In early 2005, a small group of Sydney-based artists got together to open up creative dialogues with Indonesia. They came up with ‘Gang’, a year-long cross-cultural collaboration between 16 artist-run initiatives.
Drawing from the Indonesian word for alleyway, which evokes images of crevices, margins, and a sidestep from mainstream culture, Gang took shape as an expansive community project. The first stage brought together a compilation of work from Australia. From video art to oil paintings, the exhibition was made up of active artists not represented by commercial galleries. James Hancock and Alice McAuliffe spent two months presenting the work through the network of artist run venues in Yogyakarta, Bandung and Jakarta.
Alice and James found not just receptive audiences, but active arts communities. The exhibitions and screenings acted as catalysts for important discussions between artists. Although different in scope, many of the challenges facing Indonesian artist-run initiatives are common to those in Sydney, such as censorship and funding. But in Indonesia, artists are very familiar with working collectively. The Sydney artists were particularly impressed by the resourcefulness of groups such as Taring Padi, VideoBabes and ruangrupa.
The next part of Gang brought a diverse team of Indonesian artists from artist-run initiatives to Sydney for an intense period of presentation and collaboration in January 2006.
Ariani Darmawan from VideoBabes, was one of the two female artists selected to take part in Gang. Located in Bandung, VideoBabes was founded in 2004 by Ariani, Rani Ravenina and Prilla Tania. VideoBabes is an artistrun initiative supporting video art in Indonesia, running video-related programs and events and holding an open submission bi-monthly video screening called Rec It.
Immersed in the artist-run spaces of Sydney, Ariani drew comparisons with the Bandung scene. ‘There are artists who live communally in Sydney, but most of them work individually. It’s the other way around in Bandung. But I see the same spirit. They are small torches, lighting the cul-de sacs.’ And Ariani lit plenty of torches in Sydney. As well as presenting her work in the Gang screening program, she collaborated directly with four other artists. They produced a powerful video piece called Cross breeding the dirty artist which explored female power, identity and the fine line between miscommunication and violence.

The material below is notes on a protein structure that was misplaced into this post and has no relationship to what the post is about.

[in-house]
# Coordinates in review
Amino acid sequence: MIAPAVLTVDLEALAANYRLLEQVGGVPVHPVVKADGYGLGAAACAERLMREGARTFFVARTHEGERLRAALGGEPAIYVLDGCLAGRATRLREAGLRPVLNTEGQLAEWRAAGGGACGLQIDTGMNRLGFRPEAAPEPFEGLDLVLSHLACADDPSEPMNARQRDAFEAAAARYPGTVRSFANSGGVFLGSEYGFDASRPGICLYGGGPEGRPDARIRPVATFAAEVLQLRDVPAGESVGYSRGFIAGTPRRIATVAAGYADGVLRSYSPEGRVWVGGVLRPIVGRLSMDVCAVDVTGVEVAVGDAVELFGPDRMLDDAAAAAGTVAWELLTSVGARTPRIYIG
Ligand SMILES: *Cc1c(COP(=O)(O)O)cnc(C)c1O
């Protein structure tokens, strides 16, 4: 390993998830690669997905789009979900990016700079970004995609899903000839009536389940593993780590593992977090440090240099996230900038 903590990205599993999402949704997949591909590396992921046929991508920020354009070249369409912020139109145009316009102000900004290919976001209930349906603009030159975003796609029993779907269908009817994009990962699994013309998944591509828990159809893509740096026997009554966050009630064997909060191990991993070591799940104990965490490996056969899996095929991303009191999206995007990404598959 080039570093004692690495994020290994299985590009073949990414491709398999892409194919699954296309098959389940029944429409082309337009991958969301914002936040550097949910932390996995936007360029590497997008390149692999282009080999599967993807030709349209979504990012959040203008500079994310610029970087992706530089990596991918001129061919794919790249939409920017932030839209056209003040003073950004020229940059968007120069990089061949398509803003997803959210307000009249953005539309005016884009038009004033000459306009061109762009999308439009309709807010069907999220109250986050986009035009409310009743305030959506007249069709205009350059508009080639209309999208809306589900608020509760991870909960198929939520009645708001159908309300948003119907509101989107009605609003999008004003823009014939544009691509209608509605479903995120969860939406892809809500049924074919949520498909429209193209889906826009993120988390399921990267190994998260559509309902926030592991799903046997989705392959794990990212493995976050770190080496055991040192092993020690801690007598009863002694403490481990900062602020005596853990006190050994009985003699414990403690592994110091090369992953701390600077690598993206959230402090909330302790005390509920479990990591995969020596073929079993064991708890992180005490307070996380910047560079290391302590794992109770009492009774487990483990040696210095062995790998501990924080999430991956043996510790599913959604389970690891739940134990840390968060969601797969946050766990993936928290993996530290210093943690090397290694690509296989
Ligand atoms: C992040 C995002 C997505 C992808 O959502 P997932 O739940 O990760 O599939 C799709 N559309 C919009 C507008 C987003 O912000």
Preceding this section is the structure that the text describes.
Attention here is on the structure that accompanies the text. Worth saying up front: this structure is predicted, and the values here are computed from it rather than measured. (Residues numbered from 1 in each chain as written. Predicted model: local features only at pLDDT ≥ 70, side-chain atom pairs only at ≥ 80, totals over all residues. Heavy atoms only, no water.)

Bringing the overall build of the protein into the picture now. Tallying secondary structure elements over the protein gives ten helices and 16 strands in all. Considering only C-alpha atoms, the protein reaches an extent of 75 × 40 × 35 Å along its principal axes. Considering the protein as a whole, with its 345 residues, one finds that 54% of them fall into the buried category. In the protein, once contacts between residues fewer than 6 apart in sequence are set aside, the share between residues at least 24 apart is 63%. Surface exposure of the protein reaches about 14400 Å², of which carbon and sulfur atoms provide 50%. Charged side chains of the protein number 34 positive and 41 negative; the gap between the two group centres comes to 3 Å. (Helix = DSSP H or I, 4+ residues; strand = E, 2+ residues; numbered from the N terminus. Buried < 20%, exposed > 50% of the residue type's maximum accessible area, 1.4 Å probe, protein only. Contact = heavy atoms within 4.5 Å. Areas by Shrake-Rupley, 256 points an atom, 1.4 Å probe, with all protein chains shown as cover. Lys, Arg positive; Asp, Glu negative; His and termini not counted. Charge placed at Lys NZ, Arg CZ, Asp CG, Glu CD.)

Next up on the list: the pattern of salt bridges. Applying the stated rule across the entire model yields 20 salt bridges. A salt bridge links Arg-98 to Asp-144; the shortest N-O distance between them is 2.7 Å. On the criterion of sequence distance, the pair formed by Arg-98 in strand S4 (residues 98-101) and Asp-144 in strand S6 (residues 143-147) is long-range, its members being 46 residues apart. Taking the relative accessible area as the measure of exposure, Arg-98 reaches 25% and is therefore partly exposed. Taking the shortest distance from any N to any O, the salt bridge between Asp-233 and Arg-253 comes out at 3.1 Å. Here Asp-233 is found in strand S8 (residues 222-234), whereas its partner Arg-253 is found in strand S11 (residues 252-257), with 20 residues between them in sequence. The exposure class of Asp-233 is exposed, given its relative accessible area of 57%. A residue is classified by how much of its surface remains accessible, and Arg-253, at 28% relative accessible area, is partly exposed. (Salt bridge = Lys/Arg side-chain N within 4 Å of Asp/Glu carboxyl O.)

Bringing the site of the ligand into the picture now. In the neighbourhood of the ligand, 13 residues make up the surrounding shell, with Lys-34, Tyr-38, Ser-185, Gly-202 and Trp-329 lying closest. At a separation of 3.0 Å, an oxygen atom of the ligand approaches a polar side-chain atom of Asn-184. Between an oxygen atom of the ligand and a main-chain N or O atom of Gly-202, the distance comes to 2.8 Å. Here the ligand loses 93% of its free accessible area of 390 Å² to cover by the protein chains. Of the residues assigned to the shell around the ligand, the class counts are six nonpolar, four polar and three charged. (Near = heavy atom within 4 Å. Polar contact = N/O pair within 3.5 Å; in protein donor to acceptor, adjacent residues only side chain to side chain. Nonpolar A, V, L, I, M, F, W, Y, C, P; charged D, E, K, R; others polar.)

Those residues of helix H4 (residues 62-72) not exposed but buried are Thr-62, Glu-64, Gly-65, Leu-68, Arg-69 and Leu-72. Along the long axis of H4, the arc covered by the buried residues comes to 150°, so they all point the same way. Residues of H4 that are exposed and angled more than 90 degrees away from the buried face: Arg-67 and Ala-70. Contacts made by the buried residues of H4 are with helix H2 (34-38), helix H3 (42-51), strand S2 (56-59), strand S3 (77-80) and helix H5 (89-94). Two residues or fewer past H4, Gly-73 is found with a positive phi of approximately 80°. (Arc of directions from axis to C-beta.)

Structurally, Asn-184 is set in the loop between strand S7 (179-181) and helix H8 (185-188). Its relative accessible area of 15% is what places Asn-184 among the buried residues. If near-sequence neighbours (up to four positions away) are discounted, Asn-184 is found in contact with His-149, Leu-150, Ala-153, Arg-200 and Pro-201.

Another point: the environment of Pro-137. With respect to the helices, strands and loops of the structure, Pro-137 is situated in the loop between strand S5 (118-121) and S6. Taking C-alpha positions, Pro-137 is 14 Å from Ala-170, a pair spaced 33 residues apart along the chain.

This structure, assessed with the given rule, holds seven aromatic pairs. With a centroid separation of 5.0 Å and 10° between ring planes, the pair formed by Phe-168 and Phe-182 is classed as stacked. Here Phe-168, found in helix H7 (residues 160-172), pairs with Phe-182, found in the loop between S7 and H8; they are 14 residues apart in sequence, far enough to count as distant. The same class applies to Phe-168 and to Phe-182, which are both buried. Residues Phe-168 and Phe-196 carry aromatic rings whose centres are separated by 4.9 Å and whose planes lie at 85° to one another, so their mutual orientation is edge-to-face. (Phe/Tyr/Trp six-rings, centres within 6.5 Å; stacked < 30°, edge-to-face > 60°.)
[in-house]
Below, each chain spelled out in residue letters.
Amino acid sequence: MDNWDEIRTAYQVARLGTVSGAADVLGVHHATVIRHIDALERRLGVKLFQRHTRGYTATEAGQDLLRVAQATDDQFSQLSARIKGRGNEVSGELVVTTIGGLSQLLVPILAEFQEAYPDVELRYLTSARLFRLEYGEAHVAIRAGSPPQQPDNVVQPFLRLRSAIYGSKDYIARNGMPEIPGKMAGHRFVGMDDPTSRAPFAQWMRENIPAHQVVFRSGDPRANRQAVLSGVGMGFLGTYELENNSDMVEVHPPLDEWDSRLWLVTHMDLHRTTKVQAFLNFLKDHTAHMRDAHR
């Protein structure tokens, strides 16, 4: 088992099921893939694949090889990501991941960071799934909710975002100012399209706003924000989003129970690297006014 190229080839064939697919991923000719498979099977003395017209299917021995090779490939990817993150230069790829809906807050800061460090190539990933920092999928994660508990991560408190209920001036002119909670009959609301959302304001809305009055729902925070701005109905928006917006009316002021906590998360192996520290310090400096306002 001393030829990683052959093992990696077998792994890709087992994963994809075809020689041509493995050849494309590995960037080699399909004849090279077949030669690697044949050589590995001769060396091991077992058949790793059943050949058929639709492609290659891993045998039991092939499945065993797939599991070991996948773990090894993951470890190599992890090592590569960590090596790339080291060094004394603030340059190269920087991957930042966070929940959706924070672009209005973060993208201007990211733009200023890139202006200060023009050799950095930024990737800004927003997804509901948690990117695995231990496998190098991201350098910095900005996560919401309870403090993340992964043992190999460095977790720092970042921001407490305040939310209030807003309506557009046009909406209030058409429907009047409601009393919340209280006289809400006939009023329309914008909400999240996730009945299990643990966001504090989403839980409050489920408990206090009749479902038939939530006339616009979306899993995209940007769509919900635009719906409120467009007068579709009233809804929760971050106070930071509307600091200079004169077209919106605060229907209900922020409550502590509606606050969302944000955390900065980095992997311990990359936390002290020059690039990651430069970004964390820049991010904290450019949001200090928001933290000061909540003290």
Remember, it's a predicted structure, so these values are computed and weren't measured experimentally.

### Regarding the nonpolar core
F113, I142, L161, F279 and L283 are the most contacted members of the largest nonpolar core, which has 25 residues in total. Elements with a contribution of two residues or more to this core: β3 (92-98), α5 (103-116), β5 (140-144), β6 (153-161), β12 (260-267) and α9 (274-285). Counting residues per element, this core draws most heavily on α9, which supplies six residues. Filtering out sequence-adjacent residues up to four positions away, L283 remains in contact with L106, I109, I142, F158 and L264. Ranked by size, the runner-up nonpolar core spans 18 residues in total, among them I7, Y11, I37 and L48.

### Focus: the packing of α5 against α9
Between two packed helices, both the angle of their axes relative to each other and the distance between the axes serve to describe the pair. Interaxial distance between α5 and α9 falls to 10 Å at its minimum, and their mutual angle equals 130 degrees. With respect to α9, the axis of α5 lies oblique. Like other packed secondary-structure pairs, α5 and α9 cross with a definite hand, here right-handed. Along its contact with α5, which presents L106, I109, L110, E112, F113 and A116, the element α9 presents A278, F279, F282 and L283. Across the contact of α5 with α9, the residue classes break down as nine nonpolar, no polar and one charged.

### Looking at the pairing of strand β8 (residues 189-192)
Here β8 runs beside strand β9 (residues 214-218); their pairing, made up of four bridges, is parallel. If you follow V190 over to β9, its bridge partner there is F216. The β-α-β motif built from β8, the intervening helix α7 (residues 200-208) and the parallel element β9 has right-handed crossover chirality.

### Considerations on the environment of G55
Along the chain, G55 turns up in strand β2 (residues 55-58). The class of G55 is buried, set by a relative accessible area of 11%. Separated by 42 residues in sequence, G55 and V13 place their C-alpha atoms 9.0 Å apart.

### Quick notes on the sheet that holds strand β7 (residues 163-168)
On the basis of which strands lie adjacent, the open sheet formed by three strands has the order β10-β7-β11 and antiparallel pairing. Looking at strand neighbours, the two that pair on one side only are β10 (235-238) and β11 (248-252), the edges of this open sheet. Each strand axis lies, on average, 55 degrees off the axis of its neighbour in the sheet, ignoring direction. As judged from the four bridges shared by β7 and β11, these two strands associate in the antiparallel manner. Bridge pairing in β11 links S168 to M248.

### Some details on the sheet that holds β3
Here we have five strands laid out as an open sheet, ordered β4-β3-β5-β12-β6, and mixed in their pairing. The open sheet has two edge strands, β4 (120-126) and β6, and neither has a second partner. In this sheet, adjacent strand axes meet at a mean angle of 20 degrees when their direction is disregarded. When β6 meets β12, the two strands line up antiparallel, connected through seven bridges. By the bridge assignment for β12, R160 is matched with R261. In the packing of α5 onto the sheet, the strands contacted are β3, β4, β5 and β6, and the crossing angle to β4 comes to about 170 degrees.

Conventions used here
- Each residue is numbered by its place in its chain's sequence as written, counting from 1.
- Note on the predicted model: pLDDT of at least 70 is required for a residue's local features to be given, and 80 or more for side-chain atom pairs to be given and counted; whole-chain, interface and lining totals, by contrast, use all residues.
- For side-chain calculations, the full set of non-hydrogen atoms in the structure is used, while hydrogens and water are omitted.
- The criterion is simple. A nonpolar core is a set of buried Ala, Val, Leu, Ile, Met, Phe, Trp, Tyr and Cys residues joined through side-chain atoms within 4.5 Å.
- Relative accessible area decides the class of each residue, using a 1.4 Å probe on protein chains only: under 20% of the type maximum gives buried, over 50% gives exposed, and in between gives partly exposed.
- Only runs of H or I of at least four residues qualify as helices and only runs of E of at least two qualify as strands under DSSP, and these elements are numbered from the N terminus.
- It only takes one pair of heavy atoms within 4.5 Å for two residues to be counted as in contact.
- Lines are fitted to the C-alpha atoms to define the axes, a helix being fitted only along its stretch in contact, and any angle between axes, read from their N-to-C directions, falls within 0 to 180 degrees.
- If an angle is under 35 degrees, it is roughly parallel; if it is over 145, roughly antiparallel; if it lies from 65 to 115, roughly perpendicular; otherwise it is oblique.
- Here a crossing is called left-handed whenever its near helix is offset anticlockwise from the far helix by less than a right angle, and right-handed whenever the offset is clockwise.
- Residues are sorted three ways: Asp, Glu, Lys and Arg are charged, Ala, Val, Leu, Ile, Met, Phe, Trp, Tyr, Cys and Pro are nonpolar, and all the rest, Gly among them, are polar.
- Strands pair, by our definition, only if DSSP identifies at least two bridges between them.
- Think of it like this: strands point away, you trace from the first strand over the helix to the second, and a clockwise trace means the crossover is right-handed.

‘The easiest way to make anything happen,’ she laughs, ‘is to gather two or more dirty artists in a dirty warehouse.’
These ‘dirty warehouses’ were the essence of Gang. Lanfranchis, located in a disused chocolate factory in Chippendale, was one of Gang’s key venues. It hosted the launch party, complete with dangdut karaoke, the Asia- Pacific zine fair, as well as artist talks, screenings, and a debate night.
Alex Davies is a co-director of Lanfranchis. ‘We specialise in quite specific mediums such as experimental sound. I think it’s probably pretty different here to Indonesia but everyone is really open about sharing that … The Gang events meant artists here really had the opportunity to develop a better understanding of Indonesia.’
Gang culminated in a festival day that took over the streets and alleyways of Chippendale. The work of artists was hung from buildings and fences and installed in gutters. Busking or ‘ngamen’ brought every street corner to life. The closing performance, a colourful musical parade featured work produced by Taring Padi, as well as the Sydney Samba School, the DIS/EASE dancers, AZAN (call to prayer), stilt walkers and The Rhythm Hunters with Rendra and the Sumatralia project.
The creative energy inspired by Gang went well beyond existing networks. People started talking about ‘Gang Darwin’ and ‘Gang Melbourne’ in future years. The success was about working collaboratively, bringing two cultures close together, and clearly celebrating their differences. ii
Alexandra Crosby (firstname.lastname@example.org ) was co-ordinator of the Gang Festival.